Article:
Depending on your level of familiarity with the nanny-verse, you may or may not know that some families ask their nanny to accompany them on vacations. Despite my extensive research on the career before throwing myself into it (and by research, I mean watching several Julie Andrews movies), I had no clue that this actually happened in real life. I had no idea that taking a nanny on vacation was a luxury available to anyone other than the one-percenters, but evidently, it is.

When the C’s (my boss-family) first asked me to travel with them, I was thinking we would take a road trip to a theme park or something similarly run-of-the-mill. When they dropped the bomb that Hawaii was their destination of choice, I had to politely excuse myself to scream and do a happy dance. To me, going to Hawaii was about as likely as going to the Moon – something a select few very lucky individuals do, but far beyond the realm of my possibilities. I consider myself lucky if I get to go to the Olive Garden more than once a year. Yet here they were, offering me this chance to see an incredible place with my favorite little dude at my side – a win-win.

In the weeks leading up to our departure, I spent every available moment scouring the Internet for tips on traveling with toddlers and suggestions for nannies vacationing with families. I read every possible article in the hopes that I could somehow prepare myself for something this huge. Let me be blunt here – there’s no possible way to prepare yourself for this. Traveling with a toddler is a challenge in and of itself. The challenge increases exponentially when you add the long flights, the unfamiliar situation, and the politics of working through someone else’s family vacation.

To be honest, I was sort of expecting the trip to be an easy way to enjoy a vacation on someone else’s dime. I was sorely mistaken. Don’t get me wrong, I did enjoy every minute of it (and I paid for very little – thanks, Mr. and Mrs. C!), but it was by no means easy. Working during someone else’s vacation is such a challenge, no matter how wonderful they are or how well you get along with them. It’s hard to know where you stand in that situation if you’ve never been there before, and none of us ever had.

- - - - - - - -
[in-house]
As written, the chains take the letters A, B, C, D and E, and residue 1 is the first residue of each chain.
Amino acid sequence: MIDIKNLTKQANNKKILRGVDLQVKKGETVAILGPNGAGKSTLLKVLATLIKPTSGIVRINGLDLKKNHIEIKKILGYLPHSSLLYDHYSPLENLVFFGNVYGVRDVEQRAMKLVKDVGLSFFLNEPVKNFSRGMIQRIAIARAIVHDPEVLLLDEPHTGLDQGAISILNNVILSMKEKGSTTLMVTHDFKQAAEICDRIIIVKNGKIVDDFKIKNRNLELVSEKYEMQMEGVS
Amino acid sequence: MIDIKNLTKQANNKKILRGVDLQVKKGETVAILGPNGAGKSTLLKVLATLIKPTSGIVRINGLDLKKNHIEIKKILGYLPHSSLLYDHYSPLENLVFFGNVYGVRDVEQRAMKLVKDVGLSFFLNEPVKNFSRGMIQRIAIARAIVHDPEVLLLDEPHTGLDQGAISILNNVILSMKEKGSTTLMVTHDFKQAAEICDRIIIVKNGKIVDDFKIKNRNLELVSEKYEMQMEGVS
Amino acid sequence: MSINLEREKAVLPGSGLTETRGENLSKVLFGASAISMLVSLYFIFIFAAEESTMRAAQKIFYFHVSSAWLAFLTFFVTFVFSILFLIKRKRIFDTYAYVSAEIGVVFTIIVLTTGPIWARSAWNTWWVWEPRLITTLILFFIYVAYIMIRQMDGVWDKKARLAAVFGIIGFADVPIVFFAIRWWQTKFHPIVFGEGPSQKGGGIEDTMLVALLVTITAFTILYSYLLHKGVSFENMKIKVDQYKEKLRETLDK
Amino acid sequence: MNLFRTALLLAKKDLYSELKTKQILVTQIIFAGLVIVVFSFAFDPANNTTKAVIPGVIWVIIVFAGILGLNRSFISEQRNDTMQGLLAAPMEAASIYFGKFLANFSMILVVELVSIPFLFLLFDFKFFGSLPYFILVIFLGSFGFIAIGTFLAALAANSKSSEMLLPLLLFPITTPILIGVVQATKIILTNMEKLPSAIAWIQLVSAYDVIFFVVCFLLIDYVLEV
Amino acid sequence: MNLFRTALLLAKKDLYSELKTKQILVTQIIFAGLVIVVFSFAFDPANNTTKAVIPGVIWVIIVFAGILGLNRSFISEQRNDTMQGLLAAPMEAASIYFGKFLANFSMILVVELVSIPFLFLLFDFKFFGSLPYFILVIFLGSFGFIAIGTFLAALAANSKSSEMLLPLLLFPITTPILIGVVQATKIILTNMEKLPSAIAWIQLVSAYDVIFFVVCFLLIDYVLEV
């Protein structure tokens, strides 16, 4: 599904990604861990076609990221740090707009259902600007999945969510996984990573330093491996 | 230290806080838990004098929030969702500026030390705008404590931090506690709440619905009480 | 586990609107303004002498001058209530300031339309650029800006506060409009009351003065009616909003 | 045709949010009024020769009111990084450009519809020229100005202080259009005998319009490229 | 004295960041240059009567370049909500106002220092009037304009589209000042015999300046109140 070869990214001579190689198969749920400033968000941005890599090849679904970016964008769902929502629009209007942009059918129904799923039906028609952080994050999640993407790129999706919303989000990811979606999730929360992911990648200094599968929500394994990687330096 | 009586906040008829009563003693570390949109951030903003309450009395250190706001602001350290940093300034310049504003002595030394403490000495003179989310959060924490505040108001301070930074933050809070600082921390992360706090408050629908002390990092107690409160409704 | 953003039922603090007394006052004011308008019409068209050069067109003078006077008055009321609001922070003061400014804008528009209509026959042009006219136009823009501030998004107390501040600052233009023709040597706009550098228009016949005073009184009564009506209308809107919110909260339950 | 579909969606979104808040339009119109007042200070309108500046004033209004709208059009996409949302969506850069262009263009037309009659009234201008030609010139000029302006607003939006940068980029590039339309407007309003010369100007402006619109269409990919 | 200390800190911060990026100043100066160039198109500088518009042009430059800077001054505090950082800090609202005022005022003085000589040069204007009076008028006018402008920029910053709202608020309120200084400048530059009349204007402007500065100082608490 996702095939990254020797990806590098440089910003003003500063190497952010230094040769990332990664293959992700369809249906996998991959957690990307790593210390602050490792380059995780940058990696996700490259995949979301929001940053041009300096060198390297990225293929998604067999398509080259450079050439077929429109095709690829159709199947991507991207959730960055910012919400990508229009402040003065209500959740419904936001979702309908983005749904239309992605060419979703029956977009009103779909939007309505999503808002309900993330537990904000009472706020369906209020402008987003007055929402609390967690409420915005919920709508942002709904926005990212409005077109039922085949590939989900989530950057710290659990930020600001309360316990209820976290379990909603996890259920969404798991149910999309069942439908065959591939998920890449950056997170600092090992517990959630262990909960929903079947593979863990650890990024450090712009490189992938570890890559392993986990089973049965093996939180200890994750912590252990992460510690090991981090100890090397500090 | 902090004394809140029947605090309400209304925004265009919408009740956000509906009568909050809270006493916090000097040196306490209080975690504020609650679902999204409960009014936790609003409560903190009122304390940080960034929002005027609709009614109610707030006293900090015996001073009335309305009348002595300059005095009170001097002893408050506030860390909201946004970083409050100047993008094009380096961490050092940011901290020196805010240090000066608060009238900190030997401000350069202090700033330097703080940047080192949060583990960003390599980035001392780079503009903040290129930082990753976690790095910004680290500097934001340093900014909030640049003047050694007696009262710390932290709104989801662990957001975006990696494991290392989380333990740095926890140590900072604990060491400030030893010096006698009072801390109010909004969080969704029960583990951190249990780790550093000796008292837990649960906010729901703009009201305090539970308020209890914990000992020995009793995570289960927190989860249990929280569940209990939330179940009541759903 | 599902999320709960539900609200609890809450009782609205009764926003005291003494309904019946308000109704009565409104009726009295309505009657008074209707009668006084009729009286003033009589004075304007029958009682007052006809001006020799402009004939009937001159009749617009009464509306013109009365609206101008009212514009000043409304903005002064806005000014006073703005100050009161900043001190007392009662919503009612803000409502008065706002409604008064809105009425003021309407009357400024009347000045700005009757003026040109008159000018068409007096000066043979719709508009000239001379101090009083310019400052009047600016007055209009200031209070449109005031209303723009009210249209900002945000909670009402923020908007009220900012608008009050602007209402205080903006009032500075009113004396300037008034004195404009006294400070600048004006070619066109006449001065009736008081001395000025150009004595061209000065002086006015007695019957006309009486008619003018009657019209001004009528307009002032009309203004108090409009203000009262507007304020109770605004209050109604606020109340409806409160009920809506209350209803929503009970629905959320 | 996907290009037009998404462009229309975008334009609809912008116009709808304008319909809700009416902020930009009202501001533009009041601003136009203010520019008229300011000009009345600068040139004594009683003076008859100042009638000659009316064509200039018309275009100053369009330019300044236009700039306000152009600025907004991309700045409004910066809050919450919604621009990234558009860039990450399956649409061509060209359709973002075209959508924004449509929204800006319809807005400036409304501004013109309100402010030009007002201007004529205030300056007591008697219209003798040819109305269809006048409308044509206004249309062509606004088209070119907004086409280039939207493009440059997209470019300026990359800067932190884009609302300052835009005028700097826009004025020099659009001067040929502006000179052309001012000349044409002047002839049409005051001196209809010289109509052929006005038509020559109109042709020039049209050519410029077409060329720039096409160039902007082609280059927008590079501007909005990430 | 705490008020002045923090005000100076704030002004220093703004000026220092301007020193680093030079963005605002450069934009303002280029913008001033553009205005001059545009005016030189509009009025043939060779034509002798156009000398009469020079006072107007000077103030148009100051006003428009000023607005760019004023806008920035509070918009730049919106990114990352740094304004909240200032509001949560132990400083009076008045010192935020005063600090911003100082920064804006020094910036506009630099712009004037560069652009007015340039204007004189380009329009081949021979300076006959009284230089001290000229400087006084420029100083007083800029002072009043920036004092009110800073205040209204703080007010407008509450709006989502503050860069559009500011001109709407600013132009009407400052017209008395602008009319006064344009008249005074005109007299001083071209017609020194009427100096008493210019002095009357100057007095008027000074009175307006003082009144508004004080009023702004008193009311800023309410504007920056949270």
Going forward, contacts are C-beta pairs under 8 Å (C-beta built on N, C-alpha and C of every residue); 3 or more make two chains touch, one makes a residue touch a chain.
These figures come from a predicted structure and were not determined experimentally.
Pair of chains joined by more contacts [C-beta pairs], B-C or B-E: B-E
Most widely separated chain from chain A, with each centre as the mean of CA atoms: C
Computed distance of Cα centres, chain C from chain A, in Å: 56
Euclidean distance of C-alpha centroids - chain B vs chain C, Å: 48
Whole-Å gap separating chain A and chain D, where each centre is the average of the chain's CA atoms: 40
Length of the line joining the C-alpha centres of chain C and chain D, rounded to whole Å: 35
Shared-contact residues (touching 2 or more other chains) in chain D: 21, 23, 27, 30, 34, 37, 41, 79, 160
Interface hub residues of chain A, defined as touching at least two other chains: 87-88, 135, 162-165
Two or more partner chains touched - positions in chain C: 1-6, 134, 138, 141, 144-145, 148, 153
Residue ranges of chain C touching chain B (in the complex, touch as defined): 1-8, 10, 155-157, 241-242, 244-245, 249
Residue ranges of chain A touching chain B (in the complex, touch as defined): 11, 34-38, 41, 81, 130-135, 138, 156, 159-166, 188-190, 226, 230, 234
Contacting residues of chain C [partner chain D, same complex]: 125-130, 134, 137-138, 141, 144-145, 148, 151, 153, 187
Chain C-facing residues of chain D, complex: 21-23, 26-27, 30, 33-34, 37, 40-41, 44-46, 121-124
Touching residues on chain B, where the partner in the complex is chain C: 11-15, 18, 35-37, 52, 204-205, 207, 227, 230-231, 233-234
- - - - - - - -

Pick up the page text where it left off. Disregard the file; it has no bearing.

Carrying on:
I never knew if I was supposed to tend to Bug (the little dude, about 15 months old at the time of the trip) if the C’s were present, or if I should let them take over. Bug was also sleeping in my room, so I didn’t know how to handle it when he got fussy. I always felt guilty when Mrs. C would get up and come grab him after hearing him cry for a little while, despite my attempts to comfort him. When he went to bed, I never knew what my role became – could I go socialize with the C’s and their friends on the lanai? Was it okay for me to accept a glass of wine with everyone else? Could I joke with them? There were so many potentially awkward situations throughout the experience, and finding my place in their family vacation felt exhausting at times.

On top of that, I didn’t have much free time, unless you count Bug’s naps (and even then I couldn’t leave the condo). Most nights the C’s would go out with their friends who had traveled with us, or with their parents who met us there, leaving me alone with Bug. When we did go places, Mrs. C and I shared the job of entertaining Bug and keeping him occupied. I ended up working much longer hours than I do regularly, and I was pretty exhausted when we finally made it home.

The trip was still one of the most incredible experiences of my life. Once I adjusted my expectations and found my place in the picture, I had an amazing time. Sure, I was working, but I was working in Hawaii. Bug still had fits and my job still brought difficulties, but they happened in Hawaii. And best of all, I was able to witness my favorite little dude as he experienced so many things for the first time.

I got to hold his hand while he grabbed his first fistful of sand. He sat on my lap while we watched whales breach right next to the shore. I held him in my arms while the sounds of the gorgeous Pacific Ocean lulled him to sleep on our first night there. I identified each new plant and animal that he excitedly discovered. I filled a box with the plumeria blossoms he brought me every day, a box I will never get rid of (even now as the blossoms are years old and nothing but a pile of dust). Being in Hawaii was incredible, but it was nothing compared to witnessing Bug in Hawaii. For that more than anything else, the trip will always be one of my most cherished memories.

Being a nanny is hard sometimes. We work crazy hours. We face extremely high expectations and standards. We never know if we’re friend or employee, so we never really know where we stand. That being said, there are so many things that make being a nanny worthwhile. The love and connection with each charge in our care, getting to experience incredible new things, and witnessing the kiddos who become our best friends have some of the best days of their lives, to name a few. Being a nanny is hard sometimes, but it’s still the greatest job in the world.